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Revealing one’s true identity

As we know, perception is everything; especially in the world of social media. In terms of perception, we all have an ideal self. We all wish to maximize our careers, our profession, and aspire to be like those who we find most successful. As the use of social media continues to evolve; the concept of presenting our ideal selves versus our real selves has become more and more prevalent on social media platforms such as Facebook, Twitter, Instagram, Google+, Pinterest, and even LinkedIn.

As research suggests, your “real self” is what you are – your attributes, your characteristics, and your personality. Your “ideal self” is what you feel you should be; much of it due to societal and environmental influences. From a societal standpoint, many of us are driven by competition, achievement, and status; hence, the creation and portrayal of our ideal selves.

Consider the fact that on social media sites, we consider our profiles to be presentations of who we are. Therefore, through interaction with the social medium, the real and ideal selves intersect; and the ideal self is at least partially actualized. In essence, our online selves represent our ideals and eliminate many of our other real components.

The question we have to ask ourselves is: Are we really presenting who we are or are we presenting a hyper-idealistic version of ourselves? It has been argued that the social media effect creates a false sense of self and self-esteem through the use of likes, fans, comments, posts, etc. For many social media users, it is an esteem booster, which explains why so many people spend so much time on social media. It provides many individuals with a false sense of self and an inflated sense of who they really are.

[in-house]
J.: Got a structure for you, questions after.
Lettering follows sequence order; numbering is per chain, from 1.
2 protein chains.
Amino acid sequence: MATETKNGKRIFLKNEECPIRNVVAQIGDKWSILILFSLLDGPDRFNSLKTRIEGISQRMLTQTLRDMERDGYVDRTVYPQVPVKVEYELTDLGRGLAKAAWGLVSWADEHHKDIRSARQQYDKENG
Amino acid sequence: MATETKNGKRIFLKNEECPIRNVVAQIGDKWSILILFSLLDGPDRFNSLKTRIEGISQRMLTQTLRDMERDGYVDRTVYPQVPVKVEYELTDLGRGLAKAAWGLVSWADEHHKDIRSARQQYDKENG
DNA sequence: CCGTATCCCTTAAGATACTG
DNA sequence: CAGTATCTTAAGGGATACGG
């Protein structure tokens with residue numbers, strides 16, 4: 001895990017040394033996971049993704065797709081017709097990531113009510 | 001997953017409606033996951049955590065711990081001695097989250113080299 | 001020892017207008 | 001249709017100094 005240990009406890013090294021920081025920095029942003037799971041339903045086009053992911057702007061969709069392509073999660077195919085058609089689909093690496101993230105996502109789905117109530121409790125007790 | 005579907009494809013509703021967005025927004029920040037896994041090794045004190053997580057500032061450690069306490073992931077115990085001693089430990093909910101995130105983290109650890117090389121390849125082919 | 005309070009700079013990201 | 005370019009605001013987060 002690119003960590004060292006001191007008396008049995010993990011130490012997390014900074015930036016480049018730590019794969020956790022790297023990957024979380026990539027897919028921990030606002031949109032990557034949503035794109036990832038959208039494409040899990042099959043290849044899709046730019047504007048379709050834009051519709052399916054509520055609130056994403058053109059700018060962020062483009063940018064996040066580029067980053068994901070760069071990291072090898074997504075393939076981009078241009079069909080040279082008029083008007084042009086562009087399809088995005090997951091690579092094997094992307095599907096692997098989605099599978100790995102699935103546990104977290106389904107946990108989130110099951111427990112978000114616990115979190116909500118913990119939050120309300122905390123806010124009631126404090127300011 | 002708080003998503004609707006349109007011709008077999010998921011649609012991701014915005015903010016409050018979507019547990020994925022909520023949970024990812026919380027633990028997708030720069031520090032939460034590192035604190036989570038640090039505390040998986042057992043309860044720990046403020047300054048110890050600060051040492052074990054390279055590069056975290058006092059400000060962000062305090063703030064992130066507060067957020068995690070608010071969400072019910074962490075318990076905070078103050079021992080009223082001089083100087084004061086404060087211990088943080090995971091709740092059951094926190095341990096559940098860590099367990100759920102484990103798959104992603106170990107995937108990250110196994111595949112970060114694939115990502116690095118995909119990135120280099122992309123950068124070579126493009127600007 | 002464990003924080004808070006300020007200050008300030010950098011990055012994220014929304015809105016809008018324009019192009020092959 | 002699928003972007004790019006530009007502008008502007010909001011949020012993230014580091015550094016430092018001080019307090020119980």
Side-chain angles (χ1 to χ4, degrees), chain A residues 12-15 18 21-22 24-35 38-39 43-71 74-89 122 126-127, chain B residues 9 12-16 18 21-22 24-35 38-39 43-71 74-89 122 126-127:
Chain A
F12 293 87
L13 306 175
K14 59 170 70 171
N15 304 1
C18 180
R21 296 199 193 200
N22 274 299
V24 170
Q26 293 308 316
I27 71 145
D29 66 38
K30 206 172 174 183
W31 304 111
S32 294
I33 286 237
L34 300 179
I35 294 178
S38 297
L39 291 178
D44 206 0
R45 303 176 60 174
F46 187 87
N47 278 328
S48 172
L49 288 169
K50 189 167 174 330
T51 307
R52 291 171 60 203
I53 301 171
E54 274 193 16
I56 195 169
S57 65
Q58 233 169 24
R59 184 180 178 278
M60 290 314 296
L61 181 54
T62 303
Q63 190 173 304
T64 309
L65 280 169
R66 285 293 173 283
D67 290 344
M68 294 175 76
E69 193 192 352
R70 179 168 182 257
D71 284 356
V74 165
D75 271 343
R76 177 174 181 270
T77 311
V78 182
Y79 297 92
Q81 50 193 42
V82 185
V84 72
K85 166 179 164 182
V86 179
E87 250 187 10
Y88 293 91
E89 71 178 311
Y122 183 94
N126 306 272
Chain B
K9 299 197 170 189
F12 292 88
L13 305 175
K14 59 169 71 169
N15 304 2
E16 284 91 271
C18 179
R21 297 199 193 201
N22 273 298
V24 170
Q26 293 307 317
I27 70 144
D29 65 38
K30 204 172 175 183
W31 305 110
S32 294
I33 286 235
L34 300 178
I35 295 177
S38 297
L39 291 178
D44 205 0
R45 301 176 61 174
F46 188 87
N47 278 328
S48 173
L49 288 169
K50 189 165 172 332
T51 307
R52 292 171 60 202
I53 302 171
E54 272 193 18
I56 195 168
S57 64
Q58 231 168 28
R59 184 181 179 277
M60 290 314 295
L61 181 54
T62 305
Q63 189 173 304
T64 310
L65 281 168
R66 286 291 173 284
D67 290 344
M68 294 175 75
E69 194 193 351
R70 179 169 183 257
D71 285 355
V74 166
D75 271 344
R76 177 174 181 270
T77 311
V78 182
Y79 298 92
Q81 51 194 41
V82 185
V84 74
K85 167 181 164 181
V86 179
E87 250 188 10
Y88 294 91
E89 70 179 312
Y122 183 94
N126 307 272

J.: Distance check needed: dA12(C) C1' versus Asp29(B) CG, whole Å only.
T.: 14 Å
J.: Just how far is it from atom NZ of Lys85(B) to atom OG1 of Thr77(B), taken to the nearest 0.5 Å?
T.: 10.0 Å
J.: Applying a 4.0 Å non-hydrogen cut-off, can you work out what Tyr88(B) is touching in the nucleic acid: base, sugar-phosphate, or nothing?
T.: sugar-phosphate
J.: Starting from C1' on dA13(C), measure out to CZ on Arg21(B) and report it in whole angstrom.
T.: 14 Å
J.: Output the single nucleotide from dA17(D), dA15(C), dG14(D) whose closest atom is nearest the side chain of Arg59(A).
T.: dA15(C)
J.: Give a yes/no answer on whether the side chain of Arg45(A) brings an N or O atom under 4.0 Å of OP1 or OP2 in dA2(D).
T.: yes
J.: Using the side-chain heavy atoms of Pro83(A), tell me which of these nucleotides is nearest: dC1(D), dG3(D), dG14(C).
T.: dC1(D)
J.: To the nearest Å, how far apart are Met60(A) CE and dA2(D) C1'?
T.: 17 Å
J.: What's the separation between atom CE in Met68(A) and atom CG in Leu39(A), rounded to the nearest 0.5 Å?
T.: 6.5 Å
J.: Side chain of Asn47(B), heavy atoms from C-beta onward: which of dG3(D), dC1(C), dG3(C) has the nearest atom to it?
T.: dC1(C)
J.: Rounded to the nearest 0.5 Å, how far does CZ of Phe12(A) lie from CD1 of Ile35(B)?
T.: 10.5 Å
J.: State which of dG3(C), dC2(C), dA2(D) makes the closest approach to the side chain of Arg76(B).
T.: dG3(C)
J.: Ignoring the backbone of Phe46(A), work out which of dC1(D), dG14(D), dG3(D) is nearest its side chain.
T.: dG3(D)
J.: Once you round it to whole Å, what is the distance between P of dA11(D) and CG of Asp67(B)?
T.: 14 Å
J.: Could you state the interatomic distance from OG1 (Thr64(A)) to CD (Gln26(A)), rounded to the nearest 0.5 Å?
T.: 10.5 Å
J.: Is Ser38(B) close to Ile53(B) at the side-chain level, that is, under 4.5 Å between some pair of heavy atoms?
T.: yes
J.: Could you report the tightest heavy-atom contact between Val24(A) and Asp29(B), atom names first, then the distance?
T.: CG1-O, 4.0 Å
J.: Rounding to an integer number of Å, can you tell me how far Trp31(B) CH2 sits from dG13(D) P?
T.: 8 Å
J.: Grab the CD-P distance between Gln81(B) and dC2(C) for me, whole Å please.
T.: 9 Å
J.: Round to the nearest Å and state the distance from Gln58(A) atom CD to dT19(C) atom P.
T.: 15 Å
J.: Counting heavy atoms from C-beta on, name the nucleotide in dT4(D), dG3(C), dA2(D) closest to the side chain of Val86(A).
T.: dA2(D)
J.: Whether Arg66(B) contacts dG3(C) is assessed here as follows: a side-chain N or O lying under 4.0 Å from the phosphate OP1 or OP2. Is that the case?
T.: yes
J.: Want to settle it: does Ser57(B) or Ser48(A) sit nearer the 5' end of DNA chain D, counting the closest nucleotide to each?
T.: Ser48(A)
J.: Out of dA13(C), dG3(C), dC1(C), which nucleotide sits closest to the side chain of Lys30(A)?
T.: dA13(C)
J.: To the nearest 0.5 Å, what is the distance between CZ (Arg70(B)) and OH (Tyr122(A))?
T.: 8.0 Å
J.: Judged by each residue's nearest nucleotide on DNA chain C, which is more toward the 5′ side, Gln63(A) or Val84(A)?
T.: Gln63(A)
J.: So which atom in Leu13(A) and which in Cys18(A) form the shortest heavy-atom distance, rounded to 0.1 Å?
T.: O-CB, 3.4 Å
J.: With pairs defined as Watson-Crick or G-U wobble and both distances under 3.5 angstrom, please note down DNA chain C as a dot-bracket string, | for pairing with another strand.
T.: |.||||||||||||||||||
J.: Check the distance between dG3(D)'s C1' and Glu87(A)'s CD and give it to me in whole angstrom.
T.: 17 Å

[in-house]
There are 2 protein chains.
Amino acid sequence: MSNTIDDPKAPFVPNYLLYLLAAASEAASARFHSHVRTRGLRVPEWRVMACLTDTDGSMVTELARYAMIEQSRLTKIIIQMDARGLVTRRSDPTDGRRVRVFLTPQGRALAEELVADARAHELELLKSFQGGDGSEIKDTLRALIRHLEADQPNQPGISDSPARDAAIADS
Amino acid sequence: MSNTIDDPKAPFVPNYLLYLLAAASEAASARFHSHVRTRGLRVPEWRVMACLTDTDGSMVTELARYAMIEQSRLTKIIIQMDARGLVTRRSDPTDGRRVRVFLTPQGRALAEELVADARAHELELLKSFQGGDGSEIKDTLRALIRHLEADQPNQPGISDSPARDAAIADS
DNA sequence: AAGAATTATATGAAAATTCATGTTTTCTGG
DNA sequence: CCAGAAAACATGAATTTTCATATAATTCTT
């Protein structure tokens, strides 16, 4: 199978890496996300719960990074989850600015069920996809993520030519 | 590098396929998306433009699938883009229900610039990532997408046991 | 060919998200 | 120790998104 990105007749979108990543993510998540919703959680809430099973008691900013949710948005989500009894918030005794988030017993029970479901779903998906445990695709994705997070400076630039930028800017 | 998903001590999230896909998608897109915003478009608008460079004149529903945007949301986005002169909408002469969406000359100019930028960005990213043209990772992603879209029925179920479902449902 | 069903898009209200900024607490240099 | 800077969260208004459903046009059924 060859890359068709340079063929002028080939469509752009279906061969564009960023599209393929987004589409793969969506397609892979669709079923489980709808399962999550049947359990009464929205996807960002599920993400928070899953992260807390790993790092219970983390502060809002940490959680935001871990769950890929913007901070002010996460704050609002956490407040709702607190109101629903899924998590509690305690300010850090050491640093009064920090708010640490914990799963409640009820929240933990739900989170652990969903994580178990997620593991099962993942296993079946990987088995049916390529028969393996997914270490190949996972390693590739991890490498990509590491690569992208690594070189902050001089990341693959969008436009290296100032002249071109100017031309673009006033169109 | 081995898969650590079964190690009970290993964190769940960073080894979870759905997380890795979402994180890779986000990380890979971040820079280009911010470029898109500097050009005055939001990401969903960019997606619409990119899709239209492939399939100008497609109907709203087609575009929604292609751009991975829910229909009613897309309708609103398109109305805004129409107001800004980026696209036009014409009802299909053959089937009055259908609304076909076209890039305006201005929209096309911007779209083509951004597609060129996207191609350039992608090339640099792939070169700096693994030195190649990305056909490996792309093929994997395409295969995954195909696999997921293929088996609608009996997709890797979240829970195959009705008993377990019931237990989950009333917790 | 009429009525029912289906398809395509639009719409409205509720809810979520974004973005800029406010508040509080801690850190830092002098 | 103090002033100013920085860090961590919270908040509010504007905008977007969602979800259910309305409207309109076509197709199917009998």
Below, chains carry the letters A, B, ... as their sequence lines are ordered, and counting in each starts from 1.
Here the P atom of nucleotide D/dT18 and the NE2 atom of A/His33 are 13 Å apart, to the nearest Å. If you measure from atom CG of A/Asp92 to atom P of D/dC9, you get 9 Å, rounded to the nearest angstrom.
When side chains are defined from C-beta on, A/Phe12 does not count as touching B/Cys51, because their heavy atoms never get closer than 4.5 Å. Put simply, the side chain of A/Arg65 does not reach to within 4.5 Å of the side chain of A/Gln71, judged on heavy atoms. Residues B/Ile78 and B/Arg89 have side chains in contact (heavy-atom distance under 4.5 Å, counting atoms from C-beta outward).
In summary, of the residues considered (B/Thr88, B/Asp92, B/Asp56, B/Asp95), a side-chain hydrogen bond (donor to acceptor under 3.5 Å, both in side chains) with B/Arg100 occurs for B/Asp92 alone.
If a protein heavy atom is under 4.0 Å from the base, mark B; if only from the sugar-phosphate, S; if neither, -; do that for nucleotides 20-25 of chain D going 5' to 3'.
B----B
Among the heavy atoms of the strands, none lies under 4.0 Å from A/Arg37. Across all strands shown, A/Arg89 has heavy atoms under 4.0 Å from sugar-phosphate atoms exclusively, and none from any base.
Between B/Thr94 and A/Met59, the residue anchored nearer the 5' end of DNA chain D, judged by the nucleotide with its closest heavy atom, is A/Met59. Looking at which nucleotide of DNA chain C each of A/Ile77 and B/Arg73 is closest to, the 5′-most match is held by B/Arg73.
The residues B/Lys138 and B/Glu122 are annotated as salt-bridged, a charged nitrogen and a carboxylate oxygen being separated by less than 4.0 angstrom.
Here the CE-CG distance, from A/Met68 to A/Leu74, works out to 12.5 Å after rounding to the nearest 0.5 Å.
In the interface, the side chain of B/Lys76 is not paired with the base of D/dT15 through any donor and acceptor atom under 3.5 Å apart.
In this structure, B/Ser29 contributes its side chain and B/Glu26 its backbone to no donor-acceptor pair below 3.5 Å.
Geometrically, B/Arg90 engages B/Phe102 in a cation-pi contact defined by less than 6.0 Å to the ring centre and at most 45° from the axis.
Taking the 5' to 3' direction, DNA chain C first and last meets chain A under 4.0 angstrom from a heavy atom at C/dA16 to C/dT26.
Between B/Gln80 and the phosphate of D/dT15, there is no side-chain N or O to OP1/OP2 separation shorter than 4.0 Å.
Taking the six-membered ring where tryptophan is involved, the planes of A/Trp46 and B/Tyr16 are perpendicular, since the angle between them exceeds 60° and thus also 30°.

As the internet gained prominence in our lives, we gave up anonymity and also the desire to mask our real identity online. Indeed, online activities are no longer separable from our real lives, but an integral part of it. According to Ofcom, UK adults are now spending over 20 hours a week online: twice as much as 10 years ago. Similar metrics have been reported for the US, with the biggest chunk of online time (around 30%) devoted to social networking.

Yet in psychological terms there is no difference between the meaning of these dematerialised digital artefacts and our physical possessions – they both help us express important aspects of our identity to others and these identity claims provide the core ingredients of our digital reputation. A great deal of scientific research has highlighted the portability of our analogue selves to the digital world. The common theme of these studies is that, although the internet may have provided an escapism from everyday life, it is mostly mimicking it.